“Nobody taught us how to love one another. Nobody taught us a book on how to … control our emotions or our anger.” Hip-hop artist Chris Brown made this connection between healthy relationship teaching and domestic violence prevention shortly after he received a slap on the wrist for beating and threatening to kill his girlfriend Rihanna last February. It’s rare to find common ground with someone you wouldn’t spit on if they were on fire. But while Chris was attempting to abdicate his responsibility, he was making a valid point: an integral part of curbing violence involves teaching healthy relationships.

Where to begin? Well, let’s lay out the key questions. How violent do some relationships really get? Where do college students fall in this and why? And the crown jewel: in what ways can we foster healthy relationships?

Wolverines, we have a problem. You know we are living in some scary times when a 20-something is beaten to death by her ex-man so badly that they need to run the serial number on her breast implants to identify her, according to an article in the Los Angeles Times on Aug. 25. It’s one thing if you can explain away the heightened violence among young people by faulting celebrity eccentricity or just another hyper-macho man in the running to be the next Ike Turner. But college students, in significant numbers, are just as guilty of being perpetrators of violence in relationships. A 2008 study in the Archives of Pediatric Medicine reported that 17 percent of college students had been violent toward lovers or peers and 40 percent experienced emotional, sexual or physical violence.

What gives? Researchers in the study say the support systems of college students suffer when they make the transition into college. Further, young folk may be running amok because they aren’t under the thumb of parental units anymore. And then there’s the reason young folks do anything on campus: social validation. That’s right, the 25.6 percent rate of campus violence found in the study is linked to the perennial need to be accepted by peers for the reputation of, in short, being a jerk.

So, let’s turn the tide and get to this healthy relationships stuff. Adolescent Health Working Group, an organization I worked with this summer, compiled these major tenets of healthy relationships: pleasure, autonomy, consent, equality and respect.

Pleasure. This may sound basic, but it’s less commonly thought about than it may seem. Time spent with your partner should be enjoyable and make you feel like you are a better person. I’m not just talking about the monthly orgasm tally either. Your conversations, date nights and having sex should feel good to you significantly more than it rakes your nerves.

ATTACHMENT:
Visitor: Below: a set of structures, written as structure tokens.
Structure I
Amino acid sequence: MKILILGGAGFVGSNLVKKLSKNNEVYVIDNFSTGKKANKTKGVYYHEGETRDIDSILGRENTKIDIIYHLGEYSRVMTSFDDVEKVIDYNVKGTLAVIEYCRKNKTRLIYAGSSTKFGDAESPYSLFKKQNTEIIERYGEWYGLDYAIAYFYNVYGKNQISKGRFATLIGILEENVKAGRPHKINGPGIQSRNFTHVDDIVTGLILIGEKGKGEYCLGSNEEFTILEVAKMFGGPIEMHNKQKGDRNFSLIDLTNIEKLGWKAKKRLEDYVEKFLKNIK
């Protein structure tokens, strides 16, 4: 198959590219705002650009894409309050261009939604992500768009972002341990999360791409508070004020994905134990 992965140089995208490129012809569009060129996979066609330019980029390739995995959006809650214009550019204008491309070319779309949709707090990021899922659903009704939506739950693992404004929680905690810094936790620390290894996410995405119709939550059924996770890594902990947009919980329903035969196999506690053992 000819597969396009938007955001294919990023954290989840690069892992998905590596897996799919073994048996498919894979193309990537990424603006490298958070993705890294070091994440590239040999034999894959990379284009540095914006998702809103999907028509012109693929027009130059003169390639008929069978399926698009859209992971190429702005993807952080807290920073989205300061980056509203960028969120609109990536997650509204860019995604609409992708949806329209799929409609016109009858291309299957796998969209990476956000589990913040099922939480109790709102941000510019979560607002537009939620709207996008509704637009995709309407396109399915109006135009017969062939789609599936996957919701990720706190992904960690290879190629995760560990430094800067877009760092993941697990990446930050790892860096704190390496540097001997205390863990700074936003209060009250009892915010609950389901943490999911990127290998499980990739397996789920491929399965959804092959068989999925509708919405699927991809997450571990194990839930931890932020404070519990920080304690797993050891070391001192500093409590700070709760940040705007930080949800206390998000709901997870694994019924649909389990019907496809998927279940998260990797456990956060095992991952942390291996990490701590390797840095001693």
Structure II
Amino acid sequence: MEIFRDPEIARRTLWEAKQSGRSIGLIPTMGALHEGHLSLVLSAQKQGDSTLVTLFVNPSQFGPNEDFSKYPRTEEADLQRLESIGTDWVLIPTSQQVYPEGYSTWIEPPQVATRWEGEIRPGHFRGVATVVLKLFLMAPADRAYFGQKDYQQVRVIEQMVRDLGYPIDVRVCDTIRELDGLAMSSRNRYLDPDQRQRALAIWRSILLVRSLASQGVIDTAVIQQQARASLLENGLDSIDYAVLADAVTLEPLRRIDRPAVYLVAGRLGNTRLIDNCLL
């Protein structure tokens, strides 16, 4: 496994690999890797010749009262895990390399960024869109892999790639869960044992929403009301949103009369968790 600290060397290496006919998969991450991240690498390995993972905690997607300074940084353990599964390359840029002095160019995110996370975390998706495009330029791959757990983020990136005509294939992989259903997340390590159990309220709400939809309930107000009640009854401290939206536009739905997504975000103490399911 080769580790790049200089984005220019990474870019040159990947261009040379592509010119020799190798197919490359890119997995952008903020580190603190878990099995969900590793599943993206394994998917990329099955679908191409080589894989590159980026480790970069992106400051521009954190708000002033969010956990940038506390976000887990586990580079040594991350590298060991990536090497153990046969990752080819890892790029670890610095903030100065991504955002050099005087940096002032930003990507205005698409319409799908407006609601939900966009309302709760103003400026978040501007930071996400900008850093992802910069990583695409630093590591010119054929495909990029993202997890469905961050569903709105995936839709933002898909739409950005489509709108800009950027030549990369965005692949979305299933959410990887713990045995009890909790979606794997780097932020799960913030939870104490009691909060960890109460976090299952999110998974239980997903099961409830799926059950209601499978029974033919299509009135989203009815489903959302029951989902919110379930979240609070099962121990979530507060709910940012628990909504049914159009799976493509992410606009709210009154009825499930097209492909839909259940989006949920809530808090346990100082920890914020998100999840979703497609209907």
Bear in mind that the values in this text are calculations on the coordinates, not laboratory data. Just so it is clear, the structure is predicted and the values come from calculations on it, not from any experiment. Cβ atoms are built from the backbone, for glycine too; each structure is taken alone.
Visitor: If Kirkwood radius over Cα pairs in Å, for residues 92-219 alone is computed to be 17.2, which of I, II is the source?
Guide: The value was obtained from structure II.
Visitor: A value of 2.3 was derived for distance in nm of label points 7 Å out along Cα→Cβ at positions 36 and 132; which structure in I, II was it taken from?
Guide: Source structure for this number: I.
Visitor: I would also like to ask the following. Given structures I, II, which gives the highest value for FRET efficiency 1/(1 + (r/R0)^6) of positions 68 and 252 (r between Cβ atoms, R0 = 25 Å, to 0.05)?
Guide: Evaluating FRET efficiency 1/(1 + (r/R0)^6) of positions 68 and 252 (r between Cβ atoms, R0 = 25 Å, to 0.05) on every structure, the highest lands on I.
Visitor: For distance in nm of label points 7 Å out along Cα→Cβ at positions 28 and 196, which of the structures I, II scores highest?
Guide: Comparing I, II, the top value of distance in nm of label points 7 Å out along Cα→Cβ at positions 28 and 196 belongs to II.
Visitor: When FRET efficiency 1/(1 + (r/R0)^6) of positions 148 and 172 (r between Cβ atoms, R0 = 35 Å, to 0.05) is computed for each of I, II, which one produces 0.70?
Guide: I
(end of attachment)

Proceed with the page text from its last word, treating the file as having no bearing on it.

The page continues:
Autonomy. You and your partner need space in your togetherness. This involves anything ranging from instilling separate activities to separate friendship networks. But the catch is, you shouldn’t have to fight to get a weekend alone. And your all-boys vacation shouldn’t feel like a threat to your relationship. You both should feel as comfortable together as you are apart. Check your clinginess.

Consent. First off, your commitment doesn’t translate to an all-access pass to booty. Like the airport, consent means there are routine check-ins when you first arrive and along the way. Desires should be discussed and both parties should be clear on what is okay and what is not okay sexually. As a gentle suggestion, conversation on sex should include protection methods and contingency plans in the event of contraceptive failure.

Equality. Ah, my favorite. The key aspect of this concept is that decisions impacting the relationship are made together. This can involve discussions on how date night is spent to thinking about household labor divisions in the future. Equality also means that there are some things that won’t be 50/50. But you discuss those things and compensate each other elsewhere if necessary.

Respect. I’ll cut to the things Aretha hasn’t touched on. Your partner should respect your culture, boundaries and opinions. By culture, this could be race-related or geographical. If you are a geek from Boston with a cute accent, your partner should value that and not make it a constant punch line. Boundaries are crucial, too. You should have an expectation that if you tell your partner you are too busy cramming, that they hold off texting you mug shots of their nether region. On the opinion front: your politics should get in the way of the feelings of the person in front of you. No matter the subject, you should be able to disagree agreeably.

As these healthy relationship tidbits are fundamentally about communication overall, I’ll leave you with the words of India.Arie. While her lyrics in “Talk to Her” refer to women, all genders need apply. “When you talk to her, talk to her like you’d want somebody to talk to your mama… Cause everything you do or say, you got to live with it everyday. She’s somebody’s baby. She’s somebody’s sister. She’s somebody’s mama.”

Rose Afriyie can be reached at sariyie@umich.edu.

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